Upon the advice of DU I found (it wasn't easy) and read a copy of G.K. Chesterton's - The Everlasting Man.
The Wikipedia link above provides a better outline than I can. Below find some notable excerpts that I mined from the text:
But in reality the rivers of mythology and philosophy run parallel and do not mingle until they meet in the sea of Christendom. Simple secularists still talk as if the Church had introduced a sort of schism between reason and religion. The truth is that the Church was actually the first thing that ever tried to combine reason and religion. (p122)
There comes an hour in the afternoon when the child is tired of 'pretending'; when he is weary of being a robber or a Red Indian. It is then that he torments the cat. There comes a time in the routine of an ordered civilisation when the man is tired of playing at mythology and pretending that a tree is a maiden or that the moon made love to a man. The effect of this staleness is the same everywhere; it is seen in all the drug-taking and dram-drinking and every form of the tendency to increase the dose. Men seek stranger sins or more startling obscenities as stimulants to their jaded sense. They seek after mad oriental religions for the same reason. They try to stab their nerves to life, if it were with the knives of the priests of Baal. They are walking in their sleep and try to wake themselves up with nightmares.
At that stage even of paganism therefore the peasant songs and dances sound fainter and fainter in the forest. For one thing the peasant civilisation was fading, or had already faded from the whole countryside. The Empire at the end was organised more and more on that servile system which generally goes with the boast of organisation; indeed it was almost as servile as the modern schemes for the organisation of industry. It is proverbial that what once would have been a peasantry became a mere populace of the town dependent for bread and circuses; which may again suggest to some a mob dependent upon doles and cinemas. In this as in many other respects, the modern return to heathenism has been a return not to the heathen youth but rather to the heathen old age....The Old Man of the Forest was too old; he was already dying. It is said truly in a sense that Pan died because Christ was born. It is almost as true in another sense that men knew Christ was born because Pan was already dead. A void was made by the vanishing of the whole mythology of mankind, which would have asphyxiated like a vacuum if it had not been filled with theology. But the point for the moment is that the mythology could not have lasted like a theology in any case. Theology is thought, whether we agree with it or not. Mythology was never thought, and nobody could really agree with it or disagree with it. It was a mere mood of glamour and when the mood went it could not be recovered. Men not only ceased to believe in the gods, but they realised that they had never believed in them. They had sung their praises; they had danced round their altars. They had played the flute; they had played the fool. (p189-191)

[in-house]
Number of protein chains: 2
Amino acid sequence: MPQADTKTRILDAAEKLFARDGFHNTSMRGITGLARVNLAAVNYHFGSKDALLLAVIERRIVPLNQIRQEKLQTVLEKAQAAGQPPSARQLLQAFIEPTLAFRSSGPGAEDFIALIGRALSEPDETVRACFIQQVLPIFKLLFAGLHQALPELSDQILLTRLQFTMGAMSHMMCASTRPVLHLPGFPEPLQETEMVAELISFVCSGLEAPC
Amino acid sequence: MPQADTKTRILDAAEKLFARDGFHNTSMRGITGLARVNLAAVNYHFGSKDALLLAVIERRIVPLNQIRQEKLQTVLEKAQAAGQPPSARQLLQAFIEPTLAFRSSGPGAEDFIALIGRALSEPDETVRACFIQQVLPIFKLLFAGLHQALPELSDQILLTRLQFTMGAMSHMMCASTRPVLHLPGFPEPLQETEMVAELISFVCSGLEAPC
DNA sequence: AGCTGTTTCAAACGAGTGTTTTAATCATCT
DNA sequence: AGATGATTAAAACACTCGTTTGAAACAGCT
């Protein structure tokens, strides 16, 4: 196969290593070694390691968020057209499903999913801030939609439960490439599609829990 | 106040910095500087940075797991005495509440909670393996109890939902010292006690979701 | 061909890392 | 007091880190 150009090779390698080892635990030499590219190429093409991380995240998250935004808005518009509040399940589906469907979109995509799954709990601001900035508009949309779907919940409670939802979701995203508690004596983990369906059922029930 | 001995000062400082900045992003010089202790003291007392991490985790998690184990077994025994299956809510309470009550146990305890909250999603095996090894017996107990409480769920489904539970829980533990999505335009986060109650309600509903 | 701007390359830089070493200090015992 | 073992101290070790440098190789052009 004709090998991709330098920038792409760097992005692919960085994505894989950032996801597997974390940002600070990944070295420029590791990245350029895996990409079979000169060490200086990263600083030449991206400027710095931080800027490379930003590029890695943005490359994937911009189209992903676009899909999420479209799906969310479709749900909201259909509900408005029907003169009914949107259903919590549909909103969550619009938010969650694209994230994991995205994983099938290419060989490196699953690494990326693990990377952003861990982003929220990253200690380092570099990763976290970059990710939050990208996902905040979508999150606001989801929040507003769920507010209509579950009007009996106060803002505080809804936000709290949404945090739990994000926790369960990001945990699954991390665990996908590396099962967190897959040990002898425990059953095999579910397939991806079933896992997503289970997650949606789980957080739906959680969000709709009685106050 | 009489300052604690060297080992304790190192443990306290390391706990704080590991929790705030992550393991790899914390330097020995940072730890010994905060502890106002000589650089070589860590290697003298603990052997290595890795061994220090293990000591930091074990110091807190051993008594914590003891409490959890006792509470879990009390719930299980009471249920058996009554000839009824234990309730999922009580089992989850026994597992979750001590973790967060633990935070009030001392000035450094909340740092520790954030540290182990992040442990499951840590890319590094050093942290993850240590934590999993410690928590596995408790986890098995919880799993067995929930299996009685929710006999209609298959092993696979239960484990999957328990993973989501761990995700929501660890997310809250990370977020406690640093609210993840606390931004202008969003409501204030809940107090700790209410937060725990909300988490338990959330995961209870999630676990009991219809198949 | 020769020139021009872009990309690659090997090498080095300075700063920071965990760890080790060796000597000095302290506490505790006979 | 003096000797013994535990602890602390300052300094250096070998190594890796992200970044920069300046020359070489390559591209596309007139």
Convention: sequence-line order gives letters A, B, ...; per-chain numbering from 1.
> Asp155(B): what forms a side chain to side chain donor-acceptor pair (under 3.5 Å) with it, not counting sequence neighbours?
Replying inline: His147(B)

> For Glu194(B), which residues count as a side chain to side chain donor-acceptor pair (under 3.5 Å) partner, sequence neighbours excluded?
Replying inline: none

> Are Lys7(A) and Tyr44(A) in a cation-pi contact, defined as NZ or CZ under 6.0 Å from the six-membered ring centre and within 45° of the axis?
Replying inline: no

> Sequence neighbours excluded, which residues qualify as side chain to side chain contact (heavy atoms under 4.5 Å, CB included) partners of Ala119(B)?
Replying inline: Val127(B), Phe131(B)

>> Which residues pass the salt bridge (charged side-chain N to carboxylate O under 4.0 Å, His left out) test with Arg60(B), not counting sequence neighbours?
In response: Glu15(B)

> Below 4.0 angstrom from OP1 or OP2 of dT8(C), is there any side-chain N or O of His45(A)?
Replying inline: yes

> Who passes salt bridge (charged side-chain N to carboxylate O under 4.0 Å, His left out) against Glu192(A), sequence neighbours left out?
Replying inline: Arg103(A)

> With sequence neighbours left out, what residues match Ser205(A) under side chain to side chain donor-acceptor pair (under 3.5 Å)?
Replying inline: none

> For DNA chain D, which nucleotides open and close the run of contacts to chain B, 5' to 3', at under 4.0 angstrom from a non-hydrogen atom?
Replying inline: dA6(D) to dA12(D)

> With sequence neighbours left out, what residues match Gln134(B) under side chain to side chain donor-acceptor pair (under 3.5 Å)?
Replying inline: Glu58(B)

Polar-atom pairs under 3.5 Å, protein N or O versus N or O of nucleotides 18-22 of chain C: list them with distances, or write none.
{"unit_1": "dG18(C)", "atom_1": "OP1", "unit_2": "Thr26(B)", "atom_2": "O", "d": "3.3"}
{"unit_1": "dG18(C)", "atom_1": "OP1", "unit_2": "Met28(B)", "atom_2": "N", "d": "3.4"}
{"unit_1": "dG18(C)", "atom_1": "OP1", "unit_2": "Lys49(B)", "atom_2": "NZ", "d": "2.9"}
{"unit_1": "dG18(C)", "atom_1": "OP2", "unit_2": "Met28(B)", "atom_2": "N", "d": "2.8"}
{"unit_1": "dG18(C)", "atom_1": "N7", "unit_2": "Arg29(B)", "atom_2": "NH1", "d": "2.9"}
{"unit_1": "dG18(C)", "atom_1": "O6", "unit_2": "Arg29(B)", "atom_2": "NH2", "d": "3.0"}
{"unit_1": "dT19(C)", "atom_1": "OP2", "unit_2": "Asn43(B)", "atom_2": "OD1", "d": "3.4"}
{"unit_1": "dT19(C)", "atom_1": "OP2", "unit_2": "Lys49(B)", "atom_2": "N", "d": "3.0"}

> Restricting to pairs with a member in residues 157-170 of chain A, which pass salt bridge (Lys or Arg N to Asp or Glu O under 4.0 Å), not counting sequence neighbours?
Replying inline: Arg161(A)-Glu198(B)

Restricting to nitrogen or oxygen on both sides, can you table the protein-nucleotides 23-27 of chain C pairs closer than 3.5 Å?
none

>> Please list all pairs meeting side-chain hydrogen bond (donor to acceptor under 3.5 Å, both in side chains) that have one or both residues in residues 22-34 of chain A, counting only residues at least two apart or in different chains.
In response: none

Another example might be found, not in the problem of evil, but in what is called the problem of progress. One of the ablest agnostics of the age once asked me whether I thought mankind grew better or grew worse or remained the same. He was confident that the alternative covered all possibilities. He did not see that it only covered patterns and not pictures; processes and not stories. I asked him whether he thought that Mr. Smith of Golder's Green got better or worse or remained exactly the same between the age of thirty and forty. It then seemed to dawn on him that it would rather depend on Mr. Smith; and how he chose to go on. It had never occurred to him that it might depend on how mankind chose to go on; and that its course was not a straight line or an upward or downward curve, but a track like that of a man across a valley, going where he liked and stopping where he chose, going into a church or falling drunk in a ditch. The life of man is a story; an adventure story; and in our vision the same is true even of the story of God.
The Catholic faith is the reconciliation because it is the realisation both of mythology and philosophy. It is a story and in that sense one of a hundred stories; only it is a true story. It is a philosophy and in that sense one of a hundred philosophies; only it is a philosophy that is like life. But above all, it is a reconciliation because it is something that can only be called the philosophy of stories. That normal narrative instinct which produced all the fairy tales is something that is neglected by all the philosophies - except one. The Faith is the justification of that popular instinct; the finding of a philosophy for it or the analysis of the philosophy in it. Exactly as a man in an adventure story has to pass various tests to save his life, so the man in this philosophy has to pass several tests to save his soul. In both there is an idea of free will operating under conditions of design; in other words, there is an aim and it is the business of the man to aim at it; we therefore watch to see whether he will hit it. Now this deep and democratic and dramatic instinct is derided and dismissed in all the other philosophies. For all the other philosophies avowedly end where they begin; and it is the definition of a story that it ends differently; that it begins in one place and ends in another. From Buddha and his wheel to Akhen Aten and his disc, from Pythagoras with his abstraction of number to Confucius with his religion of routine, there is not one of them that does not in some way sin against the soul of a story. There is none of them that really grasps this human notion of the tale, the test, the adventure; the ordeal of the free man. (p 306-307)